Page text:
Several significant trends emerged from the Global Cleantech 100 list released this week by the Cleantech Group.
The Smart Grid sector has become hot for corporate partnerships. This is highlighted by the #1 ranking for smart grid software firm Silver Spring Networks, which is collaborating with some of the biggest utilities and hardware makers in the U.S. and abroad.
Across the board, corporations are becoming ever more active in global cleantech innovation--as investors, partners, licensees, customers, and acquirers of smart grid and other cleantech companies. Google (Nasdaq: GOOG), GE (NYSE: GE), IBM (NYSE: IBM), PG&E (NYSE: PCG), and Siemens (NYSE: SI), are the most active partners with 2010 Global Cleantech 100 companies.
Another trend is the increasing influence of Asia on the cleantech industry. The region is no longer considered a low manufacturing center, or an end market for technology deployment. China has 3 companies in the 2010 Global Cleantech 100; it had none last year.
Over 200 investing entities, from more than 20 countries, have a shareholding in the 100 companies. VantagePoint Venture Partners is the most prolific shareholder of 2010 Global Cleantech 100 companies, a testament to its longevity in the space. It has 13 investee companies on the list, overtaking Kleiner Perkins by one.
Other companies on the list include Amonix, Bloom Energy, Coulomb Technologies, Cpower, Enphase Energy, Ice Energy, Petra Solar, Tendril Networks and Xtreme Power.
(The full list is available at the link below.)
The Cleantech Group says the selected companies are the most likely to make the significant market impact over the next 5-10 years.
To qualify for the list, companies must be independent, for-profit and cleantech companies that are not listed on any major stock exchange.
“The second Global Cleantech 100 shines a spotlight on which companies and which technology areas the global innovation community is currently most excited about, from a commercial standpoint,” said Richard Youngman, managing director, Europe & vice president, Global Research at Cleantech Group. “There have been significant changes since 2009: more Asian companies and less renewable energy generation companies attest to the growing diversification of cleantech innovation. Cleantech is a broader phenomenon than just clean energy. The wider issues of resource scarcity are starting to gain attention and traction.”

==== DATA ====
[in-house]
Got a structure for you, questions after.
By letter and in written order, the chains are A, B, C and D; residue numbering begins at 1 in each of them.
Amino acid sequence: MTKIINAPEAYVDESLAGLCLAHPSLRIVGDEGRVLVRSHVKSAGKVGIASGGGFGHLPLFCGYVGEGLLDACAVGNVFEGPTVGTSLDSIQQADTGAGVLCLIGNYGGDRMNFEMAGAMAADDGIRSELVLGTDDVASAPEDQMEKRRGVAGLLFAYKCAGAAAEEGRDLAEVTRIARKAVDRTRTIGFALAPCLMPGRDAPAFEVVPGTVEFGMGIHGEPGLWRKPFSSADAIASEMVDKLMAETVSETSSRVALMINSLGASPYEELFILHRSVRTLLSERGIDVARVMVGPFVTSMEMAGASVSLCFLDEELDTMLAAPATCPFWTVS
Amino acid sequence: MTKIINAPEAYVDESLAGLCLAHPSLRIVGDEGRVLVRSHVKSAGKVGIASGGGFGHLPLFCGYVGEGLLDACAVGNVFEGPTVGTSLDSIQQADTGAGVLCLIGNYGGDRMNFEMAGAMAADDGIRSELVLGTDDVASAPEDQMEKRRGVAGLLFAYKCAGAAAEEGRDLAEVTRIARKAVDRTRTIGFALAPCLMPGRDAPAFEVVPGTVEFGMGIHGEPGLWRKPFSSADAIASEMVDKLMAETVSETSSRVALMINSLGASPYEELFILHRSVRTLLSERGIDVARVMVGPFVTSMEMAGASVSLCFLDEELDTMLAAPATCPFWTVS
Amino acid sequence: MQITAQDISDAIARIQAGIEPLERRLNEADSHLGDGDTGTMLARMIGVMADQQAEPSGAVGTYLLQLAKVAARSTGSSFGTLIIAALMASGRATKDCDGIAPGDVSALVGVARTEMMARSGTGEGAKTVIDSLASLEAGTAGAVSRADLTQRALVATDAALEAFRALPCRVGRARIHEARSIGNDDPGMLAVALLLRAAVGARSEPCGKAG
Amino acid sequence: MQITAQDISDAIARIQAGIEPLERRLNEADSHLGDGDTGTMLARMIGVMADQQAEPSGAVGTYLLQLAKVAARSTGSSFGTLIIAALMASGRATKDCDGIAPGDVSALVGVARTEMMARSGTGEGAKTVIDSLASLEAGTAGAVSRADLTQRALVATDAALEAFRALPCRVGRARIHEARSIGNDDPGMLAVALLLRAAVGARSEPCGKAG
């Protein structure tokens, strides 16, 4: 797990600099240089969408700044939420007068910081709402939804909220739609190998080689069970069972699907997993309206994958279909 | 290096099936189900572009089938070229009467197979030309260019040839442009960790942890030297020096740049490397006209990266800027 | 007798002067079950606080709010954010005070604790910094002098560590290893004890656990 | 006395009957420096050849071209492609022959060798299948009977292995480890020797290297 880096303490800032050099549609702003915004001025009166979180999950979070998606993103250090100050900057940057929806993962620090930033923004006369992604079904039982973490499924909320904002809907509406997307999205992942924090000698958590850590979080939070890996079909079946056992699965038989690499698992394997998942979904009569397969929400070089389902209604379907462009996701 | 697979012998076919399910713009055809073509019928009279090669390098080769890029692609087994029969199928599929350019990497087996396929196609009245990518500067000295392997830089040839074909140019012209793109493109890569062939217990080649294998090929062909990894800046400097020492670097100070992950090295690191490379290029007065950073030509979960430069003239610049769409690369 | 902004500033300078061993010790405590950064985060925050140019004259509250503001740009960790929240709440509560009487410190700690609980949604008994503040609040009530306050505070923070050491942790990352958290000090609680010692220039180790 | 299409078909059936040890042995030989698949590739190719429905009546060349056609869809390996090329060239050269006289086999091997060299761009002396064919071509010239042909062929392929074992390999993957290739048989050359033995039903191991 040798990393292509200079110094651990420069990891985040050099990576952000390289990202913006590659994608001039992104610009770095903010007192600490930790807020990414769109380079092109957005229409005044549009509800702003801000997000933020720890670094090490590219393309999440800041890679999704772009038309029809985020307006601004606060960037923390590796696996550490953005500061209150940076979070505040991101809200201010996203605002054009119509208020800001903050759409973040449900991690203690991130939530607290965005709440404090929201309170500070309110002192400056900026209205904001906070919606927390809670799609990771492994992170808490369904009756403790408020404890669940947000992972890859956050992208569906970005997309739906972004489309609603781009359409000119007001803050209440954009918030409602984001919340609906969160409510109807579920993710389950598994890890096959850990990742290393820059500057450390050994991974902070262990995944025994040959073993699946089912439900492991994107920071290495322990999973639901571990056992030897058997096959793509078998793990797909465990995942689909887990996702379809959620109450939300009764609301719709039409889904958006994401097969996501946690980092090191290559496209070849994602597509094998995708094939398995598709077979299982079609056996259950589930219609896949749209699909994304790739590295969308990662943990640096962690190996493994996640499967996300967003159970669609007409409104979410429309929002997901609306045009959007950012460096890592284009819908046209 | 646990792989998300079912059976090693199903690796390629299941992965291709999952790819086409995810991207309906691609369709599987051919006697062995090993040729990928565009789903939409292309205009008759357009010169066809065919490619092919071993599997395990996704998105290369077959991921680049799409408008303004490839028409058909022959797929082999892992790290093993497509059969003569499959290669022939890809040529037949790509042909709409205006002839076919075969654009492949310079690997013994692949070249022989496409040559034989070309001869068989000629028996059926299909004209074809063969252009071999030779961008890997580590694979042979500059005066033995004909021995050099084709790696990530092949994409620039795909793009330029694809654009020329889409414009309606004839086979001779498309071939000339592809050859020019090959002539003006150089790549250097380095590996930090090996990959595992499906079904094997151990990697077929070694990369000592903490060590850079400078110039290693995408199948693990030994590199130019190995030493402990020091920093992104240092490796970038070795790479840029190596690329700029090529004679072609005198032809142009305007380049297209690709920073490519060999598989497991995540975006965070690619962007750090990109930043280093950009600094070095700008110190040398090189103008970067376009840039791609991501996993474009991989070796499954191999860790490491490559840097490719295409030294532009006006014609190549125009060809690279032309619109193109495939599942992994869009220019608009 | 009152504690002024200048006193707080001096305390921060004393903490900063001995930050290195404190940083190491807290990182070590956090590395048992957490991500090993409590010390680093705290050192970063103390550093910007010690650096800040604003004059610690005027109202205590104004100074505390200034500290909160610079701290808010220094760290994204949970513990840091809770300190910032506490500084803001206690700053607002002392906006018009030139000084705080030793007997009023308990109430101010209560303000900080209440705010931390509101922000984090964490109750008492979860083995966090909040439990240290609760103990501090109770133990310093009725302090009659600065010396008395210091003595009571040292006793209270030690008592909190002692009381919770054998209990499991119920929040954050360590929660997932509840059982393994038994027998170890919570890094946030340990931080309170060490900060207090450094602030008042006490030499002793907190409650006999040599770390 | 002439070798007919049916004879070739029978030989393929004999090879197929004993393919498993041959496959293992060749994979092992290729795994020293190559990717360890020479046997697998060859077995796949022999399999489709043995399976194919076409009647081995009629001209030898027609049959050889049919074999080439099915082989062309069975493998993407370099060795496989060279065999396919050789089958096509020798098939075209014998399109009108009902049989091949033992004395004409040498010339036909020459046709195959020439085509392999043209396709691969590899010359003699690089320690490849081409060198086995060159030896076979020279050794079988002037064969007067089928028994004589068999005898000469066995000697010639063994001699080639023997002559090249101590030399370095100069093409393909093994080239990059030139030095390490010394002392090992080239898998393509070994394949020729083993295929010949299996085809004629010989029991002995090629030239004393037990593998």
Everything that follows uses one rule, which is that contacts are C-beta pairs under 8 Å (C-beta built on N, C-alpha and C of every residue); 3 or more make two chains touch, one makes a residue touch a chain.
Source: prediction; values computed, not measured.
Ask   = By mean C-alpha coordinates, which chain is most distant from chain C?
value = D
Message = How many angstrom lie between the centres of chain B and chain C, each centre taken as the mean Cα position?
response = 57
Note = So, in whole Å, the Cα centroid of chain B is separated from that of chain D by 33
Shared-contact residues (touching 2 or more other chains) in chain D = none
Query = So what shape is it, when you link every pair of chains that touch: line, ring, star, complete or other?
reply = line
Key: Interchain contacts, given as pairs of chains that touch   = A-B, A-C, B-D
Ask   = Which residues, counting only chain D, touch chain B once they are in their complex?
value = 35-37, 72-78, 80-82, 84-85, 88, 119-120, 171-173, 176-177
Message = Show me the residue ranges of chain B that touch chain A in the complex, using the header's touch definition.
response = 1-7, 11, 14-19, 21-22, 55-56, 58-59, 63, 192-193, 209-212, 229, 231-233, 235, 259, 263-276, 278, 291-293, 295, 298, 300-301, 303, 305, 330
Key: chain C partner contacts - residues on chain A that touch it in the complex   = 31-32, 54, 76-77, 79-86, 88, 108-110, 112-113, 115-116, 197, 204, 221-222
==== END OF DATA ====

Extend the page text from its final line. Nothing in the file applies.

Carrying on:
Other Key Findings
Of the 100 companies in the 2010 Global Cleantech 100 list, only 43 were in the 2009 list. Cleantech Group says high turnover is consistent with the relative infancy of the cleantech wave of innovation.
North America’s share increased from 55% to 57% of the overall findings, Asia-Pacific’s from 3% to 7%, at the expense of Europe and Israel, whose overall share declined from 42% to 37%.
The U.S., led by California, remains the dominant country, a reflection of its leadership and history in creating and growing, venture capital-funded, innovation-based, technology companies. However, the sheer spread of U.S. states and countries across the world that are represented on the list, 13 and 14 respectively, provides a clear reminder of how geographically diverse and global, cleantech innovation is.
In 2010, Energy Efficiency has overtaken Solar as the hottest sub-sector within cleantech, with 15 companies on the list. Biofuels matched Solar, with 14 companies.
Cleantech is a whole lot more than clean energy. Renewable energy generation technology companies’ share of the Global Cleanetch100 fell from 37 to 33, 2009 to 2010.